Johnny Appleseed is remembered in American popular culture by his traveling song or Swedenborgian hymn ("The Lord is good to me..."), which is today sung before meals in some American households. "Oooooh, the Lord is good to me, and so I thank the Lord, for giving me the things I need, the sun and the rain and the appleseed. The Lord is good to me. Amen, Amen, Amen, Amen, Amen."Wikipedia:
John Chapman (September 26, 1774 – March 18, 1845), often called Johnny Appleseed, was an American pioneer nurseryman who introduced apple trees to large parts of Pennsylvania, Ontario, Ohio, Indiana, and Illinois, as well as the northern counties of present-day West Virginia. He became an American legend while still alive, due to his kind, generous ways, his leadership in conservation, and the symbolic importance he attributed to apples. He was also a missionary for The New Church (Swedenborgian) and the inspiration for many museums and historical sites such as the Johnny Appleseed Museum in Urbana, Ohio and the Johnny Appleseed Heritage Center in between Lucas, Ohio and Mifflin, Ohio.
According to some accounts, an 18-year-old John persuaded his 11-year-old half-brother Nathaniel to go west with him in 1792. The duo apparently lived a nomadic life until their father brought his large family west in 1805 and met up with them in Ohio. The younger Nathaniel decided to stay and help their father farm the land. Shortly after the brothers parted ways, John began his apprenticeship as an orchardist under a Mr. Crawford, who had apple orchards, thus inspiring his life's journey of planting apple trees.
There are stories of Johnny Appleseed practicing his nurseryman craft in the Wilkes-Barre area of Pennsylvania and of picking seeds from the pomace at Potomac cider mills in the late 1790s. Another story has Chapman living in Pittsburgh, Pennsylvania, on Grant's Hill in 1794 at the time of the Whiskey Rebellion.
The popular image is of Johnny Appleseed spreading apple seeds randomly, everywhere he went. In fact, he planted nurseries rather than orchards, built fences around them to protect them from livestock, left the nurseries in the care of a neighbor who sold trees on shares, and returned every year or two to tend the nursery. His first nursery was planted on the bank of Brokenstraw Creek, south of Warren, Pennsylvania. Next, he seems to have moved to Venango County along the shore of French Creek, but many of these nurseries were located in the Mohican area of north-central Ohio. This area included the towns of Mansfield, Lisbon, Lucas, Perrysville, and Loudonville.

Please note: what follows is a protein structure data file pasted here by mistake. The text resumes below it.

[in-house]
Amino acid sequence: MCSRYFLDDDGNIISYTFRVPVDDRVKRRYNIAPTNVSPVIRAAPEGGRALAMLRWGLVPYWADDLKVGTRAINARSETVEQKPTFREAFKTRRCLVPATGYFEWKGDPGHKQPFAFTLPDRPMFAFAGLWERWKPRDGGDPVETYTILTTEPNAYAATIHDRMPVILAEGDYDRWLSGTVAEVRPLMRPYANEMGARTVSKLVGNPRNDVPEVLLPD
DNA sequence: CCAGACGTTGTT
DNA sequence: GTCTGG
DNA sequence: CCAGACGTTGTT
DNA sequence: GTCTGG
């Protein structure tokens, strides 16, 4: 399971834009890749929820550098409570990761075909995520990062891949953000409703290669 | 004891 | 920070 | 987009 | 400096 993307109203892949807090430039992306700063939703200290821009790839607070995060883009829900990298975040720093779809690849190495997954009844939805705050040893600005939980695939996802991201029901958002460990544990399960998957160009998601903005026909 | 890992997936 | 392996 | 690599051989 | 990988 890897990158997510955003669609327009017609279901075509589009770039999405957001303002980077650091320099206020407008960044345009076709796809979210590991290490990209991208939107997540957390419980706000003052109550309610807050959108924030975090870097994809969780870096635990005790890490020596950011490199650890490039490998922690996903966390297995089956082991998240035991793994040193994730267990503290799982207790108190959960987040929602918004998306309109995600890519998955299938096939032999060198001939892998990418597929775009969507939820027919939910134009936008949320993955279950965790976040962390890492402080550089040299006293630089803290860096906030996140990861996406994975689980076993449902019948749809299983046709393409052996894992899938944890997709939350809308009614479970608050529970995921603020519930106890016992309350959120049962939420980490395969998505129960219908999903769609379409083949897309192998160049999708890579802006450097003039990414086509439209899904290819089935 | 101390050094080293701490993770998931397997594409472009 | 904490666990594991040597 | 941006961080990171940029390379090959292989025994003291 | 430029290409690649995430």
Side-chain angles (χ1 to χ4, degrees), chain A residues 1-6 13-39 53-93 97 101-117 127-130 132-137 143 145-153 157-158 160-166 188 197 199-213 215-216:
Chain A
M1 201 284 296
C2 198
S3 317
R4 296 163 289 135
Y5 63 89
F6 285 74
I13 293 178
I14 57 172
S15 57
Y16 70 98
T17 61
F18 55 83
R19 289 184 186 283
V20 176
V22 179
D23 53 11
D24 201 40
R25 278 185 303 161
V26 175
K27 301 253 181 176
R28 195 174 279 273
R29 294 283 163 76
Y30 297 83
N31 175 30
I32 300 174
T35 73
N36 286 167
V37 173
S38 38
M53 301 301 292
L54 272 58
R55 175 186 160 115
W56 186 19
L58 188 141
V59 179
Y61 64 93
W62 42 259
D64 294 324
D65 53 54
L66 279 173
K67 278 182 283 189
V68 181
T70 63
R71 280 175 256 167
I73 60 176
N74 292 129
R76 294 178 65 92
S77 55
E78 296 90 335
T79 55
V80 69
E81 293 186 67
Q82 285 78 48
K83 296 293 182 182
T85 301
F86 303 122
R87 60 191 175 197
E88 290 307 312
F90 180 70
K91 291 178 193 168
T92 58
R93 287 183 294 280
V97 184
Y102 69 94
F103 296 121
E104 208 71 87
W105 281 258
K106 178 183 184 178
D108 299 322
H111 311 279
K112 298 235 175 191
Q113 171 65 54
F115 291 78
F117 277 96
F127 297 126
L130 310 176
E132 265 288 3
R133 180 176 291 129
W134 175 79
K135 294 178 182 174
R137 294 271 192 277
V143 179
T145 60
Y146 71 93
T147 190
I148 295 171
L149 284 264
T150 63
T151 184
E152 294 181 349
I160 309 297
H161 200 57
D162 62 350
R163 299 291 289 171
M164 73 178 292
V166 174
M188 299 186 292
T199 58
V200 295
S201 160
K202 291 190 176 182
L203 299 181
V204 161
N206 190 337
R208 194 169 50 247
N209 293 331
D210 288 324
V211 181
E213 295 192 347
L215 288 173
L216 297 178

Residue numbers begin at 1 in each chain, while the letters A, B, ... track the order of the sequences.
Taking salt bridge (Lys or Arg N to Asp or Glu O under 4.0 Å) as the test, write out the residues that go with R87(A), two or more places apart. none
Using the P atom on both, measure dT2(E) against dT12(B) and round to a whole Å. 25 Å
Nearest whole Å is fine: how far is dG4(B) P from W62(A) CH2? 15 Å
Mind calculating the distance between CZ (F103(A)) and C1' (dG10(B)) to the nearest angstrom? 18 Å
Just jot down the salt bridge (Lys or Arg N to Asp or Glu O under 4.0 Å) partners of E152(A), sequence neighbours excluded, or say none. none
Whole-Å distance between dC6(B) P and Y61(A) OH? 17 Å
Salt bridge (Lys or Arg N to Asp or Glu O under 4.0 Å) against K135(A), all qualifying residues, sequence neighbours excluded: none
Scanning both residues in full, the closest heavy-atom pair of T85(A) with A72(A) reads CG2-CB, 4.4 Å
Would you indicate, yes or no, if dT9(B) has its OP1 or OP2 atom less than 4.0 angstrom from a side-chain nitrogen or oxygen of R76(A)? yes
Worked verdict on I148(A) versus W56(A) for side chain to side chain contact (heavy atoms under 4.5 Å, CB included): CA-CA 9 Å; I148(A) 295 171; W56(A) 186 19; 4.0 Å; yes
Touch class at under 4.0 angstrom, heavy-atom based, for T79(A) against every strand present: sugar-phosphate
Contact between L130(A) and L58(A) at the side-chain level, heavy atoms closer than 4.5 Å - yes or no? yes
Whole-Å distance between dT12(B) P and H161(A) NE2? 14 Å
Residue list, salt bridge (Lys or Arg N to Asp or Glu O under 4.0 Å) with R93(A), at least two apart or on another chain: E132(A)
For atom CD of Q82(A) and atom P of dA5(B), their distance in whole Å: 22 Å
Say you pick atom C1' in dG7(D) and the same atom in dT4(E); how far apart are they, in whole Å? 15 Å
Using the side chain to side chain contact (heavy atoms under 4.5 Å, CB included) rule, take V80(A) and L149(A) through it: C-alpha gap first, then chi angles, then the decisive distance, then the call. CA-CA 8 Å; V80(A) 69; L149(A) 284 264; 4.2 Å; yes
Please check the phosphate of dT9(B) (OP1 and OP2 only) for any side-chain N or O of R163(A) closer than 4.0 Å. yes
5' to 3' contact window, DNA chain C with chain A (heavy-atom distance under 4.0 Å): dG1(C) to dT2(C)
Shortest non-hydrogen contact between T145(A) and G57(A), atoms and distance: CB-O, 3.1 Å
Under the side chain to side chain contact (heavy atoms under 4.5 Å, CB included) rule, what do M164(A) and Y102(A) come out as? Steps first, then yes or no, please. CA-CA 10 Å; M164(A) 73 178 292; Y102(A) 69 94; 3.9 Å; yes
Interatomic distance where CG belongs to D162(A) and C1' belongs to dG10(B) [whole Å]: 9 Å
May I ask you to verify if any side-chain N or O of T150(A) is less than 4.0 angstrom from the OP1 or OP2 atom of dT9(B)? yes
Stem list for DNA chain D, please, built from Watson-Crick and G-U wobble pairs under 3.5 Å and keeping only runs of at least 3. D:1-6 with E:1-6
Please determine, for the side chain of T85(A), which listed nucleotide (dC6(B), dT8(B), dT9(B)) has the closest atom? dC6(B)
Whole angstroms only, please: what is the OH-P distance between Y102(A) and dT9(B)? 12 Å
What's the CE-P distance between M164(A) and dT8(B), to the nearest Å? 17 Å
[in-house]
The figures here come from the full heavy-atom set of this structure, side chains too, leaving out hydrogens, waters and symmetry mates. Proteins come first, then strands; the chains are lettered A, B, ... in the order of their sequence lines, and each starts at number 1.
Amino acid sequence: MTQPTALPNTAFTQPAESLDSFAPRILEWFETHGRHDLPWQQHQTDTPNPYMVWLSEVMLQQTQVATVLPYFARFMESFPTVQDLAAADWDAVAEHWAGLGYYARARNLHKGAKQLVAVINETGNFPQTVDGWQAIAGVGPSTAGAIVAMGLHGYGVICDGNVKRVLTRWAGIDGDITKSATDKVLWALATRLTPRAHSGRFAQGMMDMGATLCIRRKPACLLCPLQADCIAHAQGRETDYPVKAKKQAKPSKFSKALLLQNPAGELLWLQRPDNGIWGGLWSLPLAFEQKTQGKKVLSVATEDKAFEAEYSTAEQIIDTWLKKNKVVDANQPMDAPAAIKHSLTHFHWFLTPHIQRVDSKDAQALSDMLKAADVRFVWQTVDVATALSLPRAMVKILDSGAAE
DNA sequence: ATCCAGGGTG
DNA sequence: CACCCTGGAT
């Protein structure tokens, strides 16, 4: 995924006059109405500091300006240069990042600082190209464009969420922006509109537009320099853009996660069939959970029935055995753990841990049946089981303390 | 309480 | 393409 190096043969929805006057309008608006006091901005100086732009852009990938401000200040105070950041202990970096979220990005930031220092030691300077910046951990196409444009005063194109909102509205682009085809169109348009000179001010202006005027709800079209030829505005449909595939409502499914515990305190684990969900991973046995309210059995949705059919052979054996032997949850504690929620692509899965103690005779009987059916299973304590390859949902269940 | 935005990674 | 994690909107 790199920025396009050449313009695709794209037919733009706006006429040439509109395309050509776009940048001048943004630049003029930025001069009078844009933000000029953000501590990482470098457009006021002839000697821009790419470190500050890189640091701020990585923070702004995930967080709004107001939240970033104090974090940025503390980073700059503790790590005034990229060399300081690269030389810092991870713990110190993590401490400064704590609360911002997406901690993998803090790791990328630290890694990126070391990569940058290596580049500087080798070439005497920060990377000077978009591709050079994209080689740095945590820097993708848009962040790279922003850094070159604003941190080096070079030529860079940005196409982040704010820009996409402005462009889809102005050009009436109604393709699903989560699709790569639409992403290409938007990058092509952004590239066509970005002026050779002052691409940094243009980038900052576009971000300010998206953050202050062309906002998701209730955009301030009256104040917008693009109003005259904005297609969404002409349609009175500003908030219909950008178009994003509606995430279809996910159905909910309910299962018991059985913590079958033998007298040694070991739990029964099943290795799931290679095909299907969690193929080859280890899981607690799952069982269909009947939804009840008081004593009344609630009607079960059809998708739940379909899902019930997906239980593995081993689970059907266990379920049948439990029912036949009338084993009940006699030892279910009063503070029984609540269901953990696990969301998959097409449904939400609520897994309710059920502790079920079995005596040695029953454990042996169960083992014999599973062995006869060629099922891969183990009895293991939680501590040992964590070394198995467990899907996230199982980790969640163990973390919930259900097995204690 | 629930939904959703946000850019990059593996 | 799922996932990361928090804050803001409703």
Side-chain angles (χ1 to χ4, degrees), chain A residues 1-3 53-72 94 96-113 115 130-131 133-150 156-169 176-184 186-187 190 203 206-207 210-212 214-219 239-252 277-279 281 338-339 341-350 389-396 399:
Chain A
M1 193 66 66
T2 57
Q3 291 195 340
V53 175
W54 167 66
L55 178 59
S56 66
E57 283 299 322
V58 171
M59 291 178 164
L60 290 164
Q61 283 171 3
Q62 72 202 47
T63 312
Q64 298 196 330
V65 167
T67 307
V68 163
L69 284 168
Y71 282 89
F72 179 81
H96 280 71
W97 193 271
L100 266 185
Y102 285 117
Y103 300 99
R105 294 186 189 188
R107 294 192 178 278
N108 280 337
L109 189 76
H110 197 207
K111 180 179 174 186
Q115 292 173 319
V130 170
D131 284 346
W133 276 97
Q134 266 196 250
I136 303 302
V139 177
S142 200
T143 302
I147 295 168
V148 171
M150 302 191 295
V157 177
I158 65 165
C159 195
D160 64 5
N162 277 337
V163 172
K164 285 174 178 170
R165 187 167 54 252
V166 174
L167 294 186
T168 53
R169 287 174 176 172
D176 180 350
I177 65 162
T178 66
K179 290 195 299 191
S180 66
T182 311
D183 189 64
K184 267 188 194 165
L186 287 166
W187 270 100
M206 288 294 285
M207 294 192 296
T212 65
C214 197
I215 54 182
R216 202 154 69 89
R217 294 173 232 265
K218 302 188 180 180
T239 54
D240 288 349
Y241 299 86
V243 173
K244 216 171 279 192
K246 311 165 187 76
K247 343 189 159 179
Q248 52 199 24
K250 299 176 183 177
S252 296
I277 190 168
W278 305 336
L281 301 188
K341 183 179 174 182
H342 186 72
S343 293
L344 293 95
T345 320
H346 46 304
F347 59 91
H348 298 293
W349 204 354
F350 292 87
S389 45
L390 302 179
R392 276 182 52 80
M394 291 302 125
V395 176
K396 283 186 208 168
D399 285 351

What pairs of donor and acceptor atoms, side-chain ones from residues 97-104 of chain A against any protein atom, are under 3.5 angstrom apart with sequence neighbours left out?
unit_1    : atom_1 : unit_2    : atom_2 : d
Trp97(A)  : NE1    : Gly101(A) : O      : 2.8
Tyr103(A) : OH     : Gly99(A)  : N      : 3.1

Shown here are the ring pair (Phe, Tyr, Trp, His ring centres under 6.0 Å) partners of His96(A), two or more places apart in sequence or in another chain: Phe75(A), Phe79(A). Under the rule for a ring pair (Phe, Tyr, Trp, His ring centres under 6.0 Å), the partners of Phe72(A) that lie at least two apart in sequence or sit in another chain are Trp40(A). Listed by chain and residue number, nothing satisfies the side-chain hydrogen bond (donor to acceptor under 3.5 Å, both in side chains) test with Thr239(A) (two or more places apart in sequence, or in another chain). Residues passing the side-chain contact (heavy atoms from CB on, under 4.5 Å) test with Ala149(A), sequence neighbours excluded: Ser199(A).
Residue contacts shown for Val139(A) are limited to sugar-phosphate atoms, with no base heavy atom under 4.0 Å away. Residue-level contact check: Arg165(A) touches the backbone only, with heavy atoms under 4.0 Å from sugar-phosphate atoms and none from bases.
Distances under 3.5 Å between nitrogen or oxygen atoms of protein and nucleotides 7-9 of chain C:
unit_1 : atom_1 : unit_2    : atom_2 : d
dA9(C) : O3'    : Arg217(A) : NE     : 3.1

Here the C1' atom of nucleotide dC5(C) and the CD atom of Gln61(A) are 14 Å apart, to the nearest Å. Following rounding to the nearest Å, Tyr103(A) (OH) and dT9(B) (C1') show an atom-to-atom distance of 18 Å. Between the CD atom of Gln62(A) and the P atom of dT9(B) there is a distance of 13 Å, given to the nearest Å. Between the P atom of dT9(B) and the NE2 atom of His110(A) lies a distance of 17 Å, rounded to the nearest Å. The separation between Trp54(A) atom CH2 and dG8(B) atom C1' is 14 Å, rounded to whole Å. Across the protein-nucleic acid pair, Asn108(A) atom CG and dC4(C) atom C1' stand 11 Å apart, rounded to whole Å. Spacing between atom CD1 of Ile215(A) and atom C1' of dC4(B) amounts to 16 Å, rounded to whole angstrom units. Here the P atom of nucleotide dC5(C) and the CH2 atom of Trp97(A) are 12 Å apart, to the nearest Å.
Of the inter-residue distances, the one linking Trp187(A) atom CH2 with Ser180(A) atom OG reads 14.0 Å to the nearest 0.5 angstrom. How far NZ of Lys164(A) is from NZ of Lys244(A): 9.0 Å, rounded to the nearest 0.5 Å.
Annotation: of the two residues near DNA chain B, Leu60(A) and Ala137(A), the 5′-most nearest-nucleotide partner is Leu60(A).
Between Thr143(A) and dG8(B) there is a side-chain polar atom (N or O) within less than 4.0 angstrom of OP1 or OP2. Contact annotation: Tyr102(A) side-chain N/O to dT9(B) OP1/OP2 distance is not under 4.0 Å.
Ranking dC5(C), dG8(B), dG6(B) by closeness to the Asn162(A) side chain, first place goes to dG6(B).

Chapman was quick to preach the Gospel as he traveled, and during his travels he converted many Native Americans, whom he admired. The Native Americans regarded him as someone who had been touched by the Great Spirit, and even hostile tribes left him strictly alone. "He always carried with him some work on the doctrines of Swedenborg with which he was perfectly familiar, and would readily converse and argue on his tenets, using much shrewdness and penetration."
Johnny Appleseed left an estate of over 1,200 acres (490 ha) of valuable nurseries to his sister. He also owned four plots in Allen County, Indiana, including a nursery in Milan Township, with 15,000 trees. He bought the southwest quarter (160 acres) of section 26, Mohican Township, Ashland County, Ohio, but he did not record the deed and lost the property. The financial panic of 1837 took a toll on his estate. Trees brought only two or three cents each, as opposed to the "fippenny bit" (about six and a quarter cents) that he usually got. Some of his land was sold for taxes following his death, and litigation used up much of the rest.
Fort Wayne, Indiana is the location of Johnny Appleseed's death. A memorial in Fort Wayne's Swinney Park purports to honor him but not to mark his grave. In Fort Wayne, since 1975, the Johnny Appleseed Festival is held the third full weekend in September in Johnny Appleseed Park and Archer Park.
Many books and films have been based on the life of Johnny Appleseed. One notable account is from the first chapter of The Botany of Desire: A Plant's-Eye View of the World by Michael Pollan. Pollan states that since Johnny Appleseed was against grafting, his apples were not of an edible variety and could be used only for cider: "Really, what Johnny Appleseed was doing and the reason he was welcome in every cabin in Ohio and Indiana was he was bringing the gift of alcohol to the frontier. He was our American Dionysus."